Portugal and Slovenia adopt EMFAF program, receive funding

Portugal fishing

Portugal and Slovenia have become the latest E.U. countries to adopt the European Maritime, Fisheries, and Aquaculture Fund (EMFAF) program, opening the countries to millions in funding. 

Portugal will receive EUR 392.6 million (USD 413.2 million) over the next six years, the European Commission has confirmed.

The total financial allocation for the Portuguese program is EUR 539.9 million (USD 568.4 million), with the Commission advising that 37.2 percent, or EUR 146.3 million (USD 154 million), of the allocation will be dedicated to sustainable fisheries and the compensation of additional costs in the outermost regions; 35.8 percent, or EUR 140.5 million (USD 147.9 million) will be invested in sustainable aquaculture and in processing and marketing; 8.6 percent, or EUR 33.8 million (USD 35.6 million), will be dedicated to sustainable blue economy in coastal, island, and internal regions; and 12.4 percent, or EUR 48.8 million (USD 51.4 million), will be invested in the outermost regions, and 1.3 percent, or EUR 5 million (USD 5.3 million), will be invested in the strengthening of international ocean governance.

“The program will help modernize the country’s fisheries and blue economy sectors in line with Europe’s green and digital transitions and will promote sustainable aquaculture and processing activities,” EU Commissioner for Environment, Oceans, and Fisheries Virginijus Sinkevičius said.

Investments will also be made to improve the safety, health, hygiene, working conditions, and energy efficiency of fishing vessels, as well as in fisheries infrastructure improvements.

For aquaculture, funding will be allocated to the diversification of farmed aquaculture species and innovation support.

In Portugal’s outermost regions, the Azores will focus on providing fishers with better working and safety conditions, as well as investments in port infrastructure and auction halls. Investments will also continue in aquaculture research, innovation, and production. Madeira, meanwhile, will support investments in start-up support for young fishers, and progress organic aquaculture projects.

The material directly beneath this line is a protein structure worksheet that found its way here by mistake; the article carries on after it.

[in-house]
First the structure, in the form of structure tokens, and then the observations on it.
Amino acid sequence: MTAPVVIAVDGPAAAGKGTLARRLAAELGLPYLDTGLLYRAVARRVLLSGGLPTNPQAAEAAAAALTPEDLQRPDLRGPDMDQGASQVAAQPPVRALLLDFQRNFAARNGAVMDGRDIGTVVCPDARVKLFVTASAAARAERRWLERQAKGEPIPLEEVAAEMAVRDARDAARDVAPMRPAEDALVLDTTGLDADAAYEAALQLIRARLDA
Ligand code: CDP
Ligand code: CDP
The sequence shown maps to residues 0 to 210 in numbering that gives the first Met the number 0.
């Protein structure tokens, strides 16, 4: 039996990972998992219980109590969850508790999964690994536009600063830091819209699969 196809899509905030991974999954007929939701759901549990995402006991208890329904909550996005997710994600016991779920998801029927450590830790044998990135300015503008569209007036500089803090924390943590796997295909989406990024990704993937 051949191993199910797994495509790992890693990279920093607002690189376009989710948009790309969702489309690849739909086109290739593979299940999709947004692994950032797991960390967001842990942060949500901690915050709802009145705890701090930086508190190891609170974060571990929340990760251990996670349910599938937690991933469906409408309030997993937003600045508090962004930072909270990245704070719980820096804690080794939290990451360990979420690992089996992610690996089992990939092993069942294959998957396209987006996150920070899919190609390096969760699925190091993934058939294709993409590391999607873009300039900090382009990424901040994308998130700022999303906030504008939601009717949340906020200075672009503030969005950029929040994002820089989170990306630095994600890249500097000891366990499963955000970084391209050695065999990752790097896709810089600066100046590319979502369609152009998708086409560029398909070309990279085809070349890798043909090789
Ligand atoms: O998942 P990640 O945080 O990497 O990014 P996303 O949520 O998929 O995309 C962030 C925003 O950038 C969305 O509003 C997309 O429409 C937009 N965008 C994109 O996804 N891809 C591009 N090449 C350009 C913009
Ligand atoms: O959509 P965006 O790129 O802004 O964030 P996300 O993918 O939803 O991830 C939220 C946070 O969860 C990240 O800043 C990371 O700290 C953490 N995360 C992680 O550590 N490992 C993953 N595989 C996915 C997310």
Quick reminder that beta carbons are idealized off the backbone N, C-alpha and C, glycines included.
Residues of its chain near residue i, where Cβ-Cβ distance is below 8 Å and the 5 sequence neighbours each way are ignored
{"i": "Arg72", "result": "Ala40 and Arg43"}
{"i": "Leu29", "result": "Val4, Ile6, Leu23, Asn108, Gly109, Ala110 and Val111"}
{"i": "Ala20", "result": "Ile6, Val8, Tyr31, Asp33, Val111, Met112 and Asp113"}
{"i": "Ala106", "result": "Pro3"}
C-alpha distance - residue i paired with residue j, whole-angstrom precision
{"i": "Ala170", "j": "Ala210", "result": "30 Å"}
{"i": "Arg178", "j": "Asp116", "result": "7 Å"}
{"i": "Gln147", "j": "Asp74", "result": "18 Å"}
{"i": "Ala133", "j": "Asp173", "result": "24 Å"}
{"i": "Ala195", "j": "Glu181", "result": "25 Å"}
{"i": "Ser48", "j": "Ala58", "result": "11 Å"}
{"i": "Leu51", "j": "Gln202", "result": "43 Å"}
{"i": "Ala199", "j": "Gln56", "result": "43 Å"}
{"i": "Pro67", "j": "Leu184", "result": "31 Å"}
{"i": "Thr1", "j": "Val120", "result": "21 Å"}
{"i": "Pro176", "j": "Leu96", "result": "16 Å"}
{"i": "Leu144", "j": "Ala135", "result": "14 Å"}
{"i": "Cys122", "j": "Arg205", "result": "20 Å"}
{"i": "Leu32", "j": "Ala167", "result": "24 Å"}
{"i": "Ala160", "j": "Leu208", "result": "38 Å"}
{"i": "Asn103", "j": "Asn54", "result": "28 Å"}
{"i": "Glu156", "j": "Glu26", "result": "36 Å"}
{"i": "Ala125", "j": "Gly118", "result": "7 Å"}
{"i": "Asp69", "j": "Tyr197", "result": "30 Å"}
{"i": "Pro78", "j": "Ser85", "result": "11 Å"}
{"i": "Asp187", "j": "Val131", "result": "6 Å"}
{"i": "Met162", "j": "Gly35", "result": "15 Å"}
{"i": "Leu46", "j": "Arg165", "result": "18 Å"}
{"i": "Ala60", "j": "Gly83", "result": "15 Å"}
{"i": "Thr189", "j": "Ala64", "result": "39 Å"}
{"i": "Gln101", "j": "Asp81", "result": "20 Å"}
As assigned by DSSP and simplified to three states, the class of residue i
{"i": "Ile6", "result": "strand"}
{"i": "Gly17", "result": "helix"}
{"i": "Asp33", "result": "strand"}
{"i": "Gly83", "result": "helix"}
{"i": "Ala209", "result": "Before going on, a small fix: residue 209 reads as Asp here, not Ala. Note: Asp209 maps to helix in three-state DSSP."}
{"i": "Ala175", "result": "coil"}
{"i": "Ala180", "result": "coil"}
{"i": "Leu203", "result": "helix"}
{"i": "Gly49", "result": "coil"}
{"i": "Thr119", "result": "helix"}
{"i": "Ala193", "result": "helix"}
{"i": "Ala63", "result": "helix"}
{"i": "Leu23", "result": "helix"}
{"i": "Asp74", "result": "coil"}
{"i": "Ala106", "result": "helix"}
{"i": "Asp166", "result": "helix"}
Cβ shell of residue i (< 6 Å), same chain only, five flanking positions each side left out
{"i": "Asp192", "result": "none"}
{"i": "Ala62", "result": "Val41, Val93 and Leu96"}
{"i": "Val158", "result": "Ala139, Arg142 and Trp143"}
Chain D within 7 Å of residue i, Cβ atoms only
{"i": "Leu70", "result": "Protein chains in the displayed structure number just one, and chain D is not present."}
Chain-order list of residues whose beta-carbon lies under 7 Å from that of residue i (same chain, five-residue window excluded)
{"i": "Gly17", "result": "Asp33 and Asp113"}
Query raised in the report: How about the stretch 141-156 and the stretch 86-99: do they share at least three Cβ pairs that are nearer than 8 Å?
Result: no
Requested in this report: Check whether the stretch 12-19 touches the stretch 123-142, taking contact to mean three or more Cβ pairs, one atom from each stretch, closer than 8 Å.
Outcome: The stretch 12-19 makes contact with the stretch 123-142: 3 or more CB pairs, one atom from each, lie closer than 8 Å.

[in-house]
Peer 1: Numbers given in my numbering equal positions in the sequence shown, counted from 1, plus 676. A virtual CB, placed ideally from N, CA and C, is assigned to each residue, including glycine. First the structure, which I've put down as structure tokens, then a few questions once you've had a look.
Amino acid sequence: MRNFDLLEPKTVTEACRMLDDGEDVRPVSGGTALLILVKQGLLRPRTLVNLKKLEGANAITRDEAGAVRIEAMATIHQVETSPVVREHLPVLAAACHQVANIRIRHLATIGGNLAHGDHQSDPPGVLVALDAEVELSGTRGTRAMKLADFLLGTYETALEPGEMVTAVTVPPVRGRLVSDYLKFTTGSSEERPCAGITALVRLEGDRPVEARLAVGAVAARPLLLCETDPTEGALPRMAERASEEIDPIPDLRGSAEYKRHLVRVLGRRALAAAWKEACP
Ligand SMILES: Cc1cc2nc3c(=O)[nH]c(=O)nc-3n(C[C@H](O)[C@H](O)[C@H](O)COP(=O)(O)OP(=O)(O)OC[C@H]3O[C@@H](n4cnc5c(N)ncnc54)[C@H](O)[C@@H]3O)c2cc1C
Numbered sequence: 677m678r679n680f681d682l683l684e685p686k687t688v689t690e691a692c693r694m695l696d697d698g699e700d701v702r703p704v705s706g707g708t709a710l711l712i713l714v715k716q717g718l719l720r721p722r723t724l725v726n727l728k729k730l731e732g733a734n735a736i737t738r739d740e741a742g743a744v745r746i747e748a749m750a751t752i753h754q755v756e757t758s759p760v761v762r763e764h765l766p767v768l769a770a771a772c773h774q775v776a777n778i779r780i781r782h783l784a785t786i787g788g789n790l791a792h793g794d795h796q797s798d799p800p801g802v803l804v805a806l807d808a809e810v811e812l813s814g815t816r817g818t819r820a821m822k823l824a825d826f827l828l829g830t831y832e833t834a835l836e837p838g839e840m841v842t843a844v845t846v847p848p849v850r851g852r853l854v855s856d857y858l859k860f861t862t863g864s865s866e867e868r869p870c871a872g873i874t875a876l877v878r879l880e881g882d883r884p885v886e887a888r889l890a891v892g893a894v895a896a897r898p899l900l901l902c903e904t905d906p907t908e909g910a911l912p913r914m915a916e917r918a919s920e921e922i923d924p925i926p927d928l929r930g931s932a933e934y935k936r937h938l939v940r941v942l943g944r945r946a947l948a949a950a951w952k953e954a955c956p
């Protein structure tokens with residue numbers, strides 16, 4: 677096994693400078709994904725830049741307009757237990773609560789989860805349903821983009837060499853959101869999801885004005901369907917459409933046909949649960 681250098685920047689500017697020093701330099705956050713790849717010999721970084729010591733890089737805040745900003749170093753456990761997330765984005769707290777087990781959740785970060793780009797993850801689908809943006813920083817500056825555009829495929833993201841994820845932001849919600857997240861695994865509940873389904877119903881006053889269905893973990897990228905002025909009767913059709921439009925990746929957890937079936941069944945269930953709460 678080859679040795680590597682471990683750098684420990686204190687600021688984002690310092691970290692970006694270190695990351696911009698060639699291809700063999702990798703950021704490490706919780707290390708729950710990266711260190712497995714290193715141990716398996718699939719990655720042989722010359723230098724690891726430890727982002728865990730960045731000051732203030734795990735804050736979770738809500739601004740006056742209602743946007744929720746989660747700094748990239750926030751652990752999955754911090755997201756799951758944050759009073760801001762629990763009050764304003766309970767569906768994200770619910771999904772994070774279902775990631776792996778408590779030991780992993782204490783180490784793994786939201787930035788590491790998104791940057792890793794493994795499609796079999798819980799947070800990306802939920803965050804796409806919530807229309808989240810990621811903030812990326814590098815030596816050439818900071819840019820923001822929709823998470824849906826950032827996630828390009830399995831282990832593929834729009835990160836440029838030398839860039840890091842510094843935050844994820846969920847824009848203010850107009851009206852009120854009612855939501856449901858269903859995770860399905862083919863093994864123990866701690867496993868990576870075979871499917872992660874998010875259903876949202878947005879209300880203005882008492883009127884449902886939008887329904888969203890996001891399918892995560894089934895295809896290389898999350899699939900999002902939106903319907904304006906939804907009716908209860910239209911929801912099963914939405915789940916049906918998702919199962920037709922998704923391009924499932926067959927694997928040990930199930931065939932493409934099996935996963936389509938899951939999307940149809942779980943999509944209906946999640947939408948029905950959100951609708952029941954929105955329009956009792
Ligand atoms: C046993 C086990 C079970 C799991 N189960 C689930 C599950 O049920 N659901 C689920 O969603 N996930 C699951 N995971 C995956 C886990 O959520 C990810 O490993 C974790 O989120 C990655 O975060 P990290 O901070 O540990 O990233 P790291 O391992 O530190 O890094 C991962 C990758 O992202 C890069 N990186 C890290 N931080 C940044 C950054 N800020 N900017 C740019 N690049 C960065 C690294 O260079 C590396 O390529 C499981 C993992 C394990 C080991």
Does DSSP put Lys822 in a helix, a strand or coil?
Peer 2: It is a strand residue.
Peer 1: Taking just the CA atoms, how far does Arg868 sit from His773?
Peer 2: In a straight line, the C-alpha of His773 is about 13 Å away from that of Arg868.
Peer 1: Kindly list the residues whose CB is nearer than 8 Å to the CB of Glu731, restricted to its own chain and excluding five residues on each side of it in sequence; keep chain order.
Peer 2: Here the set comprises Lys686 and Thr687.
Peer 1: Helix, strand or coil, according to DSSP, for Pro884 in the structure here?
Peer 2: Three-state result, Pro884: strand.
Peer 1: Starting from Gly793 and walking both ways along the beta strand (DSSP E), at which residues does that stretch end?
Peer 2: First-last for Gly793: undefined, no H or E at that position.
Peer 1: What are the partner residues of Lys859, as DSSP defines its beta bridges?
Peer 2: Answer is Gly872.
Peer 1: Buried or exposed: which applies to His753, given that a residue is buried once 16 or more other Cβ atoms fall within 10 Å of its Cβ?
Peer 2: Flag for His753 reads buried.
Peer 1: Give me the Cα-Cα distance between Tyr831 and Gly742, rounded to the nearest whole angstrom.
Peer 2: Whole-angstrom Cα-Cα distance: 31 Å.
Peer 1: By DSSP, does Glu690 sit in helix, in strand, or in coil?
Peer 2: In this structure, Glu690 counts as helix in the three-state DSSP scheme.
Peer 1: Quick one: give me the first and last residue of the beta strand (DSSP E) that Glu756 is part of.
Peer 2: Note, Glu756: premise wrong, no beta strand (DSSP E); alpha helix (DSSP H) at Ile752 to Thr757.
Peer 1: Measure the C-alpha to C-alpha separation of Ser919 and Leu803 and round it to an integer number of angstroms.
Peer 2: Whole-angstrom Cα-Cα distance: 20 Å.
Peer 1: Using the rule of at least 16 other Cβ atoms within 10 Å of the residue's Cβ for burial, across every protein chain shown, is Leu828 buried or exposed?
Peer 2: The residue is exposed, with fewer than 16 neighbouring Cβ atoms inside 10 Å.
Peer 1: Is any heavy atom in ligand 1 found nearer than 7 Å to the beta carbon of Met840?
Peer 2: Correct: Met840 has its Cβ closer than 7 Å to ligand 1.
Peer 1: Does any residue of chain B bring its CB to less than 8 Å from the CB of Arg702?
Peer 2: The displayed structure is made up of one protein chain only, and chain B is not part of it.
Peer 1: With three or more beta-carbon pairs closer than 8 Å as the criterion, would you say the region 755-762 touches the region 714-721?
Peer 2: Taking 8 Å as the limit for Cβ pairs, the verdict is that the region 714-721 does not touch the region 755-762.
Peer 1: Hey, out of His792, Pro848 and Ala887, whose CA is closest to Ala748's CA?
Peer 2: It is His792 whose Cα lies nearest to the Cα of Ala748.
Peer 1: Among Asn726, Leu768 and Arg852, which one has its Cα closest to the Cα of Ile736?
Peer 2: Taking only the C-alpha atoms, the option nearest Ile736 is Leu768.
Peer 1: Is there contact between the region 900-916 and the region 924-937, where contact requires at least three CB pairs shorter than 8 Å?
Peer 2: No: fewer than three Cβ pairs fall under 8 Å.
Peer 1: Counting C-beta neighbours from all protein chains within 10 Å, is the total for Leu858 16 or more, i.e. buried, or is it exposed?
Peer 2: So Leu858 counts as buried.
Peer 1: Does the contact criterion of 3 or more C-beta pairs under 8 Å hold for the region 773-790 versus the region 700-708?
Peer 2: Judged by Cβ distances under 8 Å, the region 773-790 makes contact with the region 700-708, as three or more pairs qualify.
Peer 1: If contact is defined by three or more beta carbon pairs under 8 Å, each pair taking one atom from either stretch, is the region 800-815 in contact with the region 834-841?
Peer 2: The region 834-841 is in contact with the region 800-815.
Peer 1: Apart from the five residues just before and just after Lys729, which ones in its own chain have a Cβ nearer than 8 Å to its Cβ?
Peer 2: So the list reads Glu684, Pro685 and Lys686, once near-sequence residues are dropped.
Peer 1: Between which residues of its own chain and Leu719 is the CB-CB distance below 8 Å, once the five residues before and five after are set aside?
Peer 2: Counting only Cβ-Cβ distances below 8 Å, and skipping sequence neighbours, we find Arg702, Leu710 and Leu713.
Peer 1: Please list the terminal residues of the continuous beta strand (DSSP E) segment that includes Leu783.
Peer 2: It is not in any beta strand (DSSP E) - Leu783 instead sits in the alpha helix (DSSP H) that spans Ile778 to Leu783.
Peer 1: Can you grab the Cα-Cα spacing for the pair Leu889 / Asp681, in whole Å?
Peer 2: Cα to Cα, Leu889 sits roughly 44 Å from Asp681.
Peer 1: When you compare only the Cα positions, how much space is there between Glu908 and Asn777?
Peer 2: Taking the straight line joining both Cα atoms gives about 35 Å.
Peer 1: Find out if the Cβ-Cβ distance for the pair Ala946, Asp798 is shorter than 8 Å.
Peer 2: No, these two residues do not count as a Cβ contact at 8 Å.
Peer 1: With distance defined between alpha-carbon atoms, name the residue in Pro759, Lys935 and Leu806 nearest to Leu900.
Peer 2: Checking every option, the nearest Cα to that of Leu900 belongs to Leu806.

Slovenia also has adopted an EMFAF program and will receive EUR 24 million (USD 25.3 million) from the E.U. over the next six years, raising its total financial allocation to EUR 34 million (USD 35.8 million).

Some 25.6 percent of the allocation, or EUR 6.1 million (USD 6.4 million), will be dedicated to sustainable fisheries; 32.3 percent, or EUR 7.7 million (USD 8.1 million), will be invested in sustainable aquaculture and in processing and marketing; 38 percent, or EUR 9.1 million (USD 9.6 million), will support a sustainable blue economy; and 4.1 percent, or EUR 1 million (USD 1.05 million), will be invested in the strengthening of ocean governance.

The E.C. said funds will support the modernization of fishery, aquaculture, and processing facilities, create a first producer organization, and develop short supply chains. It said the development potential of small aquaculture farms and small-scale fisheries will be specifically targeted.

Photo courtesy of Marco Crupi/Shutterstock 


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